Red dirt reveals rich insight
The vast red sand of the Broken Hill desert revealed the rich heritage of Aboriginal people as Wilyakali Elders explained their culture to early career teachers.
Being taken on a tour of the Living Desert nature reserve and The Pinnacles geological formations and significant sites, enabled the teachers to gain an insight that could not be matched in a classroom lecture.
The teachers' appreciation was enhanced by experiences like discovering remnants of an earth oven used hundreds of years ago by Wilyakali ancestors, listening to local Creation stories and munching on Aunty Dulcie's Johnny cakes.
The Elders agree that instilling an insight into Aboriginal culture can foster improved outcomes for Aboriginal students in the schools where the early career teachers will work.
School Services Curriculum and Teacher Quality Adviser, Judith Selby, said there was an emphasis on fostering cultural awareness for early career teachers with the Community members whose country they are now living and working on.
"We're very aware of the need for that connection to Community to occur early," Ms Selby said.
"It is important to build relationships and make those connections to ensure that the needs of our students are understood and catered for.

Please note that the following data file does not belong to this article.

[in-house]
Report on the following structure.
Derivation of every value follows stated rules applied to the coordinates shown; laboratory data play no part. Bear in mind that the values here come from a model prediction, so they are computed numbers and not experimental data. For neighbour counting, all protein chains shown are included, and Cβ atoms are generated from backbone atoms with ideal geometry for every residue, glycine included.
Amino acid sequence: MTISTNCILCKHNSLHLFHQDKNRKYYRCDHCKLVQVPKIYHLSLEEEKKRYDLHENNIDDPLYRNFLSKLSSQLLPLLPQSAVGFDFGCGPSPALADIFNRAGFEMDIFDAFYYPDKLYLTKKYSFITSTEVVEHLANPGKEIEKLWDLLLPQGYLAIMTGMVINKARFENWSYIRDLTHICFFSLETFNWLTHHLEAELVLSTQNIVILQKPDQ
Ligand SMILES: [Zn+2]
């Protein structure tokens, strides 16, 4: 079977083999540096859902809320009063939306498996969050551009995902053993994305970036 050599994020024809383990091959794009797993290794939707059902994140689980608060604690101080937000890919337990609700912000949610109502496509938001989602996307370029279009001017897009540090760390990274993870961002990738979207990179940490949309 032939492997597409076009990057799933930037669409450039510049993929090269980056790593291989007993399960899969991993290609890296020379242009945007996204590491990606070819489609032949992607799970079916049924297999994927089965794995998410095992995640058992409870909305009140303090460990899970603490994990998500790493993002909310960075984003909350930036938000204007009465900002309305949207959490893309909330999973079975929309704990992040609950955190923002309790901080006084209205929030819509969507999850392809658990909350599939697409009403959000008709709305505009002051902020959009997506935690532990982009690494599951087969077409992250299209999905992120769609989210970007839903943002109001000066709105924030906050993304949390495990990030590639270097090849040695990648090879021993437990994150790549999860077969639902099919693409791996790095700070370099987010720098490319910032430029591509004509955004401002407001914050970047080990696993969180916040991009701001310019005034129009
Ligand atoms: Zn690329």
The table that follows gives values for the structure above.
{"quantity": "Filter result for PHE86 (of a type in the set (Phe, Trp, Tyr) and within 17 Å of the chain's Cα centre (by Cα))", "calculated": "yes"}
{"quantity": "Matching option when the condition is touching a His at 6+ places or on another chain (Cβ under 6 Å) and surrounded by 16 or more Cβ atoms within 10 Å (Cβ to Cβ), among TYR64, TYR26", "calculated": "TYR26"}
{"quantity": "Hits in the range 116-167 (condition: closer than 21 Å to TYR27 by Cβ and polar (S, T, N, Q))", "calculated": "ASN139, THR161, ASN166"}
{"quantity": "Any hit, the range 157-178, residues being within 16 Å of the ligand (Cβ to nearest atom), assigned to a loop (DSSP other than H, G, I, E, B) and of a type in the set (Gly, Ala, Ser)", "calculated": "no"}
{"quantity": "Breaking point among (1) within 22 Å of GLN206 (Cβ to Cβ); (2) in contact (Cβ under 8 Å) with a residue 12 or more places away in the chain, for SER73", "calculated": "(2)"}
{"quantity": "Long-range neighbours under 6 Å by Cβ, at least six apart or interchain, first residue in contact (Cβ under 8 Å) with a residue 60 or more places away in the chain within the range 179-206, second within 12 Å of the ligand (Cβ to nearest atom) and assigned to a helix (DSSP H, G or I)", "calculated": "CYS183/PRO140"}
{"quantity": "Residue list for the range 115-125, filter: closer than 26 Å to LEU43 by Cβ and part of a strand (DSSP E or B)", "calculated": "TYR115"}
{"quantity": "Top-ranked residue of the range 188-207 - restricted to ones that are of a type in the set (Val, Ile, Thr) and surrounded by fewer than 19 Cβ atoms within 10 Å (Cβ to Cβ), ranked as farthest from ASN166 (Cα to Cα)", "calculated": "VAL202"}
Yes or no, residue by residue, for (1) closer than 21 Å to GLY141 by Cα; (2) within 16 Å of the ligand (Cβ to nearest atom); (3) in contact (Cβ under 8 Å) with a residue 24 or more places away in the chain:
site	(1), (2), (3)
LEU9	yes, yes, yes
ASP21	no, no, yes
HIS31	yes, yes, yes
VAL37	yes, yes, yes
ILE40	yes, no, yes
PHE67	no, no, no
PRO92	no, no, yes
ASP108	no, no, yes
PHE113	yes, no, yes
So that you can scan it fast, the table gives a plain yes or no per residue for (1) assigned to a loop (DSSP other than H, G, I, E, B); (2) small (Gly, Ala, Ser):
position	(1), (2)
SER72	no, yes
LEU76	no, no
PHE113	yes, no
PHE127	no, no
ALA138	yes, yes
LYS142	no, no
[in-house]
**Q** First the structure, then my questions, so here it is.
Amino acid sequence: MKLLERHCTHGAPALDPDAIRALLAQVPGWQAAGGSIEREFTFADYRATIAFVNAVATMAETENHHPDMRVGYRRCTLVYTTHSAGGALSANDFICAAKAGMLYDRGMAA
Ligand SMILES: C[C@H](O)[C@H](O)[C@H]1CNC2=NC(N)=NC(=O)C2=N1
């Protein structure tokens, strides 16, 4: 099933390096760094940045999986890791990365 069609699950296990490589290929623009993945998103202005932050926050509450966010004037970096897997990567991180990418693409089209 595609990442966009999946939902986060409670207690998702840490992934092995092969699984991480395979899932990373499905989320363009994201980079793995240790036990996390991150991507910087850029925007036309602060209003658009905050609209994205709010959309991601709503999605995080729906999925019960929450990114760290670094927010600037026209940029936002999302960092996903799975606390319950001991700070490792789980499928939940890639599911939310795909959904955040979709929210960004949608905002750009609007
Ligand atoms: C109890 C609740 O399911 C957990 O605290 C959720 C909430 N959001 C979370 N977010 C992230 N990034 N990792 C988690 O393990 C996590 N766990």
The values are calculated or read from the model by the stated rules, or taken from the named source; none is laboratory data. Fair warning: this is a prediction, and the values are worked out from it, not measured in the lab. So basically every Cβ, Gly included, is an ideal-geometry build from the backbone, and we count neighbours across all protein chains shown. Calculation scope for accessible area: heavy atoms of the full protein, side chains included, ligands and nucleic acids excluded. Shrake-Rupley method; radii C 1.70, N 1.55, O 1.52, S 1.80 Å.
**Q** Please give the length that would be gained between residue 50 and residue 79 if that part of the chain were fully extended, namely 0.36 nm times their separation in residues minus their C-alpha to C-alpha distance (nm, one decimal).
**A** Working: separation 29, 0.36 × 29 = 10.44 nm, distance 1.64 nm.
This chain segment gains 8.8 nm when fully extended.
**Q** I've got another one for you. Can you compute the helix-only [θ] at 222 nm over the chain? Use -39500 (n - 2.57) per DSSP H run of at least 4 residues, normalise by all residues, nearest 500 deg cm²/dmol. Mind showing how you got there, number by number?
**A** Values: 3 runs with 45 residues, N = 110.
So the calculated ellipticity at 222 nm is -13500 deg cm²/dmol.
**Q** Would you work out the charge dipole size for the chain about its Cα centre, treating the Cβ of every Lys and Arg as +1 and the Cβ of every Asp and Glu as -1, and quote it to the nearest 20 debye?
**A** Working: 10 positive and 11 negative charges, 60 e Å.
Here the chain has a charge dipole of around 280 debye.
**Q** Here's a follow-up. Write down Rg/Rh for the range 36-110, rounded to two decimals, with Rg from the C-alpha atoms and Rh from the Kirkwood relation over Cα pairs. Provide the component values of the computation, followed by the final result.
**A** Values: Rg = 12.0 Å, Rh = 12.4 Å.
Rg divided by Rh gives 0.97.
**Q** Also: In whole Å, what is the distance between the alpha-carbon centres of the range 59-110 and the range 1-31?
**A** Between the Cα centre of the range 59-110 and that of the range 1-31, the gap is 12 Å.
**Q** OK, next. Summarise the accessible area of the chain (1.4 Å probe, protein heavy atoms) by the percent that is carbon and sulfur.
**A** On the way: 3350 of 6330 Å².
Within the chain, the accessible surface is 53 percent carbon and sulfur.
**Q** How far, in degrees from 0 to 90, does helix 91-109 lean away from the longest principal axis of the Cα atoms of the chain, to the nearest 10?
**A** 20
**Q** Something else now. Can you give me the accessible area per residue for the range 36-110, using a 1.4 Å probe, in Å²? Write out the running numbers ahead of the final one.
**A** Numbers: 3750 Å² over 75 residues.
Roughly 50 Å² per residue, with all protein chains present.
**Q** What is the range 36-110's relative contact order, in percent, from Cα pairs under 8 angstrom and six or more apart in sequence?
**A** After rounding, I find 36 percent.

"Developing cultural understanding in the local context can make a very real difference in how teachers work with their students and build meaningful relationships with families and the wider community."
The Broken Hill initiative was suggested by Alma Public School teacher and Wilyakali woman Sandra Clark who joined Elders to share her cultural stories with colleagues.
The NSW Department of Education is committed to increasing knowledge and understanding of the histories, cultures and experiences of Aboriginal people as the First Peoples of Australia.
An agreement has been forged with the NSW Aboriginal Education Consultative Group Inc (AECG) to conduct the Healthy Culture: Healthy Country cultural immersion initiative which focuses on teacher professional learning.
The AECG delivers this professional learning program which helps build cultural competency.
It helps inform teaching methods to maintain and advance Aboriginal languages and cultures in NSW public schools.
Participants learn how to work with their local community and the local AECG to develop a localised Aboriginal cultural curriculum.
Healthy Culture: Healthy Country is the only known cultural studies program designed for the NSW syllabus.
(IMAGE of Paakantyi Wilyakali Elder Dulcie O'Donnell showing an ancient oven to teachers by Sophie Wainwright, ABC News, Broken Hill)